Re: You have to admire the cheek
They lend it back to the home country, at usurious rates of interest, which means they get to spend the money, and reduce their US tax bill.
2146 posts • joined 14 Aug 2009
They lend it back to the home country, at usurious rates of interest, which means they get to spend the money, and reduce their US tax bill.
You would use Wifi for data on the phone when in range, but getting voice calls over wifi is a bit more difficult, especially if you want incoming calls to hand-over seamlessly between wifi and 3G outside the house.
Mega charging by the MB for storage is not like Tesco charging a flat price per kg of food whether it is horse burgers or single malt whisky. It is like a courier company charging by the kg to move stuff, or a storage company charging by the m^3 to store it.
Why on earth should Mega charge different amounts for storage of files depending on some "perceived value" of the data being stored. Their scarce resources are bandwidth and disk space, so that's what forms the basis of their pricing strategy.
"I can't see spending a thousand bucks for a tablet when you can get a great laptop for that price"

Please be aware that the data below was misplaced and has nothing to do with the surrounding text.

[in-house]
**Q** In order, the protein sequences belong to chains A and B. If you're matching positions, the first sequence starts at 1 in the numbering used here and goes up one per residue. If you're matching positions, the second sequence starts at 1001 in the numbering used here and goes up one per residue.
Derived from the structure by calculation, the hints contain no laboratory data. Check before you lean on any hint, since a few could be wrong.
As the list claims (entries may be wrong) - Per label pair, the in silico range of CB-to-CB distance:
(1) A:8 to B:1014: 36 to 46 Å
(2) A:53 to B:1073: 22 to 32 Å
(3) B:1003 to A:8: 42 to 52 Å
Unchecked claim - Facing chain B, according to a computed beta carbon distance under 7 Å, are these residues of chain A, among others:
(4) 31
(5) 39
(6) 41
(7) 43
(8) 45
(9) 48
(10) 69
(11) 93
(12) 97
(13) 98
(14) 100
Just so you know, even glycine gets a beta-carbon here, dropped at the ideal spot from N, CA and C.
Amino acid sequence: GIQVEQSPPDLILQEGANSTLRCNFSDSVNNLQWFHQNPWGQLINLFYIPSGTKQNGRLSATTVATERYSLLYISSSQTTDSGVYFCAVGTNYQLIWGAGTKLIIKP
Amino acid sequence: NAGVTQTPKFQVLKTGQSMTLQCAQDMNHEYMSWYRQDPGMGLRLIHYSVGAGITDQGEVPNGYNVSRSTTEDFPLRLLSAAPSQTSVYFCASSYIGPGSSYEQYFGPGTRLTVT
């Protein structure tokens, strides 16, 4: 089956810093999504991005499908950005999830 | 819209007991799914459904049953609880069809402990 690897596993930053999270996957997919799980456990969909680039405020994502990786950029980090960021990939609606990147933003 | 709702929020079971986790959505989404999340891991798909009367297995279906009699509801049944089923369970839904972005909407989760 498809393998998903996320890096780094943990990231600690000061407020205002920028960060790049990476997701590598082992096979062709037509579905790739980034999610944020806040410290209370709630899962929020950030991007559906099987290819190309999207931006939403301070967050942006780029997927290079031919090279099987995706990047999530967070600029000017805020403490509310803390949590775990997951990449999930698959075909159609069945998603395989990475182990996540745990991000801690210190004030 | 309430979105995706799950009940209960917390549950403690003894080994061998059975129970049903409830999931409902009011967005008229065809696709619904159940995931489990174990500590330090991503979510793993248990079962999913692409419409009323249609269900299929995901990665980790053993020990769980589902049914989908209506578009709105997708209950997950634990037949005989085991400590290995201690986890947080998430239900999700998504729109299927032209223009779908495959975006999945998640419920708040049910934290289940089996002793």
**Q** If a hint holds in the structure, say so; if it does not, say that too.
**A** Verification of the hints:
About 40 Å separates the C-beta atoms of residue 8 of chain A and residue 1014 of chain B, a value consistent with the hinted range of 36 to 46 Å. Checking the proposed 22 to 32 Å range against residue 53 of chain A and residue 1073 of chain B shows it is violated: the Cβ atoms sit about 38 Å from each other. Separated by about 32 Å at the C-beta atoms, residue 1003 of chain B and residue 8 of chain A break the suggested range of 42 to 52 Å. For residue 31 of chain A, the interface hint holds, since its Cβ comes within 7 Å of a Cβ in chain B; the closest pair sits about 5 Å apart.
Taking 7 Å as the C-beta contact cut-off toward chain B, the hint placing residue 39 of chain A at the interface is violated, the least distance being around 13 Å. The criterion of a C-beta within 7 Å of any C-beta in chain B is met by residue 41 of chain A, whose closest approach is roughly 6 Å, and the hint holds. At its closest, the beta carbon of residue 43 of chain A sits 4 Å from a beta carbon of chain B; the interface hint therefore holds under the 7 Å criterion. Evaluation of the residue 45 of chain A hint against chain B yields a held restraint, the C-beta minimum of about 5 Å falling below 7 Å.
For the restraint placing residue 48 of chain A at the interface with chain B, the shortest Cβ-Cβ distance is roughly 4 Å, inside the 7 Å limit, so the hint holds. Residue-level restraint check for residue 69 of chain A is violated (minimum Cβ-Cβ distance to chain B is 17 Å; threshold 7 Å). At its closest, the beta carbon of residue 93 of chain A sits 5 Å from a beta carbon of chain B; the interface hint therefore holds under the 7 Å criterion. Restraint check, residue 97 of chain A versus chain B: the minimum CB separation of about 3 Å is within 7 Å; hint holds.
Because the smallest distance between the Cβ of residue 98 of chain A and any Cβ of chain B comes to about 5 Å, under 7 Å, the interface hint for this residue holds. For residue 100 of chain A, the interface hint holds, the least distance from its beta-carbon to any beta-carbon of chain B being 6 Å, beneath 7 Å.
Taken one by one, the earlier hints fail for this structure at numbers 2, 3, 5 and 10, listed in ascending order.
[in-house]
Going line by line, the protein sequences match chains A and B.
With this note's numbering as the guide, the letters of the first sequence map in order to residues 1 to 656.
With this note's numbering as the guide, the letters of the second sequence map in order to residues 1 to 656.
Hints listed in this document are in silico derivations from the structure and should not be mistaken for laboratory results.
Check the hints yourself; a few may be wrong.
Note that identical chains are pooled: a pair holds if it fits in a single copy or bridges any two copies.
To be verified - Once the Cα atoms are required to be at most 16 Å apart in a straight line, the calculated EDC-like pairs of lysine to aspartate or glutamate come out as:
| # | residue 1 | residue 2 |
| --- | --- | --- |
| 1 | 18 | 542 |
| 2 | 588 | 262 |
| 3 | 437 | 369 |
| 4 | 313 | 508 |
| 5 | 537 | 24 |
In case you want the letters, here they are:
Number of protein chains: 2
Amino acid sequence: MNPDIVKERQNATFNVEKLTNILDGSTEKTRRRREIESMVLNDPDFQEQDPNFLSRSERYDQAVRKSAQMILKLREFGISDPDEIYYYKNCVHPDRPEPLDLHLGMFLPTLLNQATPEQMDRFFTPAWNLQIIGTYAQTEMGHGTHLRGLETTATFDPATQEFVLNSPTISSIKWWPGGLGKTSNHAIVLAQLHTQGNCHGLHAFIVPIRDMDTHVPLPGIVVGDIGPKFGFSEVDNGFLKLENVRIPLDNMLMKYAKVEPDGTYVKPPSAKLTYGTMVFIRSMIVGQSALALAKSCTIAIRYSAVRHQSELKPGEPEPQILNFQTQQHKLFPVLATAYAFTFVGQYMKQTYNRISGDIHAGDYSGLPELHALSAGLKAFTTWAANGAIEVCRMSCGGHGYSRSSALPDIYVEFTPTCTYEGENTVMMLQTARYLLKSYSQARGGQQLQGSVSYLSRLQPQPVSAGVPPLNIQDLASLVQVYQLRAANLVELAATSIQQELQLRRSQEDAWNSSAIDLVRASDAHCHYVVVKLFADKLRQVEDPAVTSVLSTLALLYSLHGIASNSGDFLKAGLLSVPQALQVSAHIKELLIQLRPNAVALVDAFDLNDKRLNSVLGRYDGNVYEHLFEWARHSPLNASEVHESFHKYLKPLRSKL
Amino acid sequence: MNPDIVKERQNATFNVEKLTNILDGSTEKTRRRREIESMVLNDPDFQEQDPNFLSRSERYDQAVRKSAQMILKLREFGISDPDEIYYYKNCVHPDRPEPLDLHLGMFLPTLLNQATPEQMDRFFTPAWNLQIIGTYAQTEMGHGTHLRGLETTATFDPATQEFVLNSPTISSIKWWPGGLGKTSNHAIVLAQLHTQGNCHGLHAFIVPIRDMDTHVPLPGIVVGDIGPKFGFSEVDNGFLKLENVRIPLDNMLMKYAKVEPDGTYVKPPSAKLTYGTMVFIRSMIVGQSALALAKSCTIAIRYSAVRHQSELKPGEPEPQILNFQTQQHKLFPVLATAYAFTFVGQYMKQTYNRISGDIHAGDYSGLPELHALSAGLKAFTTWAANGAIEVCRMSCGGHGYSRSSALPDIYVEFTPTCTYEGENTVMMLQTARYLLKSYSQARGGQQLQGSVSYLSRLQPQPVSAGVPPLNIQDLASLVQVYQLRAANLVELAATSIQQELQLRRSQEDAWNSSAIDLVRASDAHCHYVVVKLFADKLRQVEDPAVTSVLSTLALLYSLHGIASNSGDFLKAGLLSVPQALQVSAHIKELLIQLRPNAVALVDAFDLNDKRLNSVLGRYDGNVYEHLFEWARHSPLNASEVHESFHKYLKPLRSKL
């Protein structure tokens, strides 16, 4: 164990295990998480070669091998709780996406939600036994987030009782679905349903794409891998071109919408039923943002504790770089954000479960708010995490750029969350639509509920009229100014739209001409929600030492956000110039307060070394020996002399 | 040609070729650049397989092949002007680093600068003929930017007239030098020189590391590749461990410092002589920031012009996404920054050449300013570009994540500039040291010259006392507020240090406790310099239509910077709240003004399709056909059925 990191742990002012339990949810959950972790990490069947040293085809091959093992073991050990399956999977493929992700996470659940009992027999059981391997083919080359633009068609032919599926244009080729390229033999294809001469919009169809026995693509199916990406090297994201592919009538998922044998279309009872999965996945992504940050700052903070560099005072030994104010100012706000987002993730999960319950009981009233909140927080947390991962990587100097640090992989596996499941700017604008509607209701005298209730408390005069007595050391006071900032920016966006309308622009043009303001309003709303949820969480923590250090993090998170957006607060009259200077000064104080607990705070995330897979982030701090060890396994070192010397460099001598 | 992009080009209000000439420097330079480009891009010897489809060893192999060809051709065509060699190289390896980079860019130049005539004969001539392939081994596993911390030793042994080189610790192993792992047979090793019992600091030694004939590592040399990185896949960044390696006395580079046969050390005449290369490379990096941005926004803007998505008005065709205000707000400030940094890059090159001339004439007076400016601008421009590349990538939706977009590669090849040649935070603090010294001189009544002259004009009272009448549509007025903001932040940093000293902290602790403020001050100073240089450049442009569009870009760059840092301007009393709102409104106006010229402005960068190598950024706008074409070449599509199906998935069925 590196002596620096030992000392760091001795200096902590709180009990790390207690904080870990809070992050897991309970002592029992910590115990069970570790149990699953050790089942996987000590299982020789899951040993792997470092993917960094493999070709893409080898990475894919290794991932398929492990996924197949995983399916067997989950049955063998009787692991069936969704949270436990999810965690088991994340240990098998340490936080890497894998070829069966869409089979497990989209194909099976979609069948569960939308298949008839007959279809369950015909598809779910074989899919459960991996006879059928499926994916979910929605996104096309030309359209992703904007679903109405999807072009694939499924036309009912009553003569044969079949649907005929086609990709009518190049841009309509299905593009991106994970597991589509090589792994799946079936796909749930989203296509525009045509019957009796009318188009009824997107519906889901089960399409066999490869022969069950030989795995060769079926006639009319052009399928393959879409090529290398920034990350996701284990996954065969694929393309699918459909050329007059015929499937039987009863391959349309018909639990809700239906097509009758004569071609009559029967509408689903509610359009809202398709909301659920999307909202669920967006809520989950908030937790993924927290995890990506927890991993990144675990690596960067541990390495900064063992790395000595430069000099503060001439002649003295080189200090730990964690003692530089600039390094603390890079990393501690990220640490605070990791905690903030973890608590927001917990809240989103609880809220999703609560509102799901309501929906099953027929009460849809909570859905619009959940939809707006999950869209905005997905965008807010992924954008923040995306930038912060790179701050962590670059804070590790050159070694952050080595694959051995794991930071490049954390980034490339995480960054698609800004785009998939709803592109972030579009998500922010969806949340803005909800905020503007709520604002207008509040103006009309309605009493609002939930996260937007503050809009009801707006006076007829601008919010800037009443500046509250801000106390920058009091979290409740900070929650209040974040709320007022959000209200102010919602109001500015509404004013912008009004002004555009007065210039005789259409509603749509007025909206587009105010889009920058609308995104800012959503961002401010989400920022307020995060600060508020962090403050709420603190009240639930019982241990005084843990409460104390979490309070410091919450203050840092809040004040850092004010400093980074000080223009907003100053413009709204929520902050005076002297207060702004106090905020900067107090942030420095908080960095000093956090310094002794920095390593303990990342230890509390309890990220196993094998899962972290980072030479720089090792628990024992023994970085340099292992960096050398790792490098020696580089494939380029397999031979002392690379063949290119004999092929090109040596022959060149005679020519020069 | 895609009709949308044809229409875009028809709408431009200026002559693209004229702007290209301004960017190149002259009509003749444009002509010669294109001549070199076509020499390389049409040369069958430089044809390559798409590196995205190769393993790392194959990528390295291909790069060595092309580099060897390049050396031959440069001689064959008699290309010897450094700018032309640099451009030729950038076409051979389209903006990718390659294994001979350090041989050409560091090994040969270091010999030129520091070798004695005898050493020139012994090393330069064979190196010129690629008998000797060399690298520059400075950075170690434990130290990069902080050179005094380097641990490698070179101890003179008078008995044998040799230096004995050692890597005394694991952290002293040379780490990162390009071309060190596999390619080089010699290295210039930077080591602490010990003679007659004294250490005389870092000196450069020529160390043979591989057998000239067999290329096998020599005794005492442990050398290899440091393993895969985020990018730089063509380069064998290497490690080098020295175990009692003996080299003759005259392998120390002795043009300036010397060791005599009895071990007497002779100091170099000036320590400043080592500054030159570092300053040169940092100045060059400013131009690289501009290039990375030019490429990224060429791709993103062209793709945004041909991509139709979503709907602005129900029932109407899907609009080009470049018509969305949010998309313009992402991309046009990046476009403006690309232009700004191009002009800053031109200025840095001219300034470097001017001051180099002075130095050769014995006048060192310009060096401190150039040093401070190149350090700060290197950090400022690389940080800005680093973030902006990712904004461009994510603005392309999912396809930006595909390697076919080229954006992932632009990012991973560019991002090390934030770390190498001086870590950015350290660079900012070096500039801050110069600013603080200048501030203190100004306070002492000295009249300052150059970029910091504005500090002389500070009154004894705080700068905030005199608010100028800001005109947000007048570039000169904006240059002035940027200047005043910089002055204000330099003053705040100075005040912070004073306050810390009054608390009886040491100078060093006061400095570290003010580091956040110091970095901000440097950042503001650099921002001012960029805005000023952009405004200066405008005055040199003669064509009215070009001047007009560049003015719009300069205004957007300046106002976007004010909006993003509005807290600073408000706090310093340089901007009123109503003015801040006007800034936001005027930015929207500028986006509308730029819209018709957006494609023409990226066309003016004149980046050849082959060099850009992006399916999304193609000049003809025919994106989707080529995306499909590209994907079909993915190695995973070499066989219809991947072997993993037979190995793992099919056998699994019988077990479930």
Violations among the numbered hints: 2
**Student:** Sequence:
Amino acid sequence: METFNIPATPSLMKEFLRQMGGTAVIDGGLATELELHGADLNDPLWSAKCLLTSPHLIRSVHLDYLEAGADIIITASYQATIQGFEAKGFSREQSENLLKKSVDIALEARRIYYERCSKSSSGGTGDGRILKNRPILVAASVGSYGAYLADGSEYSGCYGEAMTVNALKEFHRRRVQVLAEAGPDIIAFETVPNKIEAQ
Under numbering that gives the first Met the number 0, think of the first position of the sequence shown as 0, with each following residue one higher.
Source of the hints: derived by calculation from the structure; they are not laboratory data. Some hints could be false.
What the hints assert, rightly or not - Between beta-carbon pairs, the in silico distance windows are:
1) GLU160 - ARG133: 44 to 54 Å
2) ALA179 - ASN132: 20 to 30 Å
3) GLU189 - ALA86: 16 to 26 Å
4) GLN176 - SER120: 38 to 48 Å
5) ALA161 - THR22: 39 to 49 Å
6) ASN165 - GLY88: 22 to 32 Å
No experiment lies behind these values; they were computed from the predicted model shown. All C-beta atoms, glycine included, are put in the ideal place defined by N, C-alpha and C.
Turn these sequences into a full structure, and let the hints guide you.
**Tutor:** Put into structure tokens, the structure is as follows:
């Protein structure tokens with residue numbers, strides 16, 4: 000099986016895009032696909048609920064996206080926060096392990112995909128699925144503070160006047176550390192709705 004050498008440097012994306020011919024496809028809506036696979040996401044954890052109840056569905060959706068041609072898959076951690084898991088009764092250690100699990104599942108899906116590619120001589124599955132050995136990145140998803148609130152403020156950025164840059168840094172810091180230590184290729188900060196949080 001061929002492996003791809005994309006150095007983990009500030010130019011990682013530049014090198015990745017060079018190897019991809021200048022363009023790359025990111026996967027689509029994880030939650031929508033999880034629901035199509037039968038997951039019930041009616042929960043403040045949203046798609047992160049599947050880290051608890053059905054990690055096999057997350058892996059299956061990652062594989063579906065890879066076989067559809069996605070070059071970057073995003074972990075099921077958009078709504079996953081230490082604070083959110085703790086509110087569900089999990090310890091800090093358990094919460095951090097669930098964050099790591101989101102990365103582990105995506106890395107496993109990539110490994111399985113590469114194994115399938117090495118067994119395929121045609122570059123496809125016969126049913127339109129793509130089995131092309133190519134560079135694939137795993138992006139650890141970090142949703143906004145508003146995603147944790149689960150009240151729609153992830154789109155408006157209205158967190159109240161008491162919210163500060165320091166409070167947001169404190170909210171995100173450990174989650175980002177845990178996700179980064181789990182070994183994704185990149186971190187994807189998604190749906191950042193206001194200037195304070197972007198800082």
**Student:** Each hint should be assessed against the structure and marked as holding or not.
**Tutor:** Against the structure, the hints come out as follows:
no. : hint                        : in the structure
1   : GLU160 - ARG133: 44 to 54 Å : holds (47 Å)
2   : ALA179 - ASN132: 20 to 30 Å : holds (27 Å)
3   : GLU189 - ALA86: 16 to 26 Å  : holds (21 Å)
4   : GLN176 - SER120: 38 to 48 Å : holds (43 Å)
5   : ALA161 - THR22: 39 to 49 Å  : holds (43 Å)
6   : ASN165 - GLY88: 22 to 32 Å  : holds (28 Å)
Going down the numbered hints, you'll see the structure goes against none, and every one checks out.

I think you are making much the same mistake that Microsoft is making.
You don't buy a tablet because it is cheaper than a laptop. You buy a tablet because it is easier and quicker to pick it up to check emails and the latest news on El Reg than it is to do it on a laptop.
To be honest there is no reason at all to buy either of them.
I have an iPad, a MacBook Pro (and a Galaxy Note, Windows 7 desktop, Windows server and SuSE Linux server). I use the correct tool for the job I want to do, and what Microsoft still don't get is that laptops and fondleslabs are used for different things, and therefore require different user interfaces.
Not quite as simple as that.
You have two offshore companies in different tax havens. Lets call them Google Finance Co and Google Property Co. You have the trading company in somewhere like Ireland or Luxembourg, and a service company in the UK.
Google Finance Co lends the money to Google Property Co. Google Property Co rents the building to Google Service Co. Google Trading Co outsources work to Google Service Co.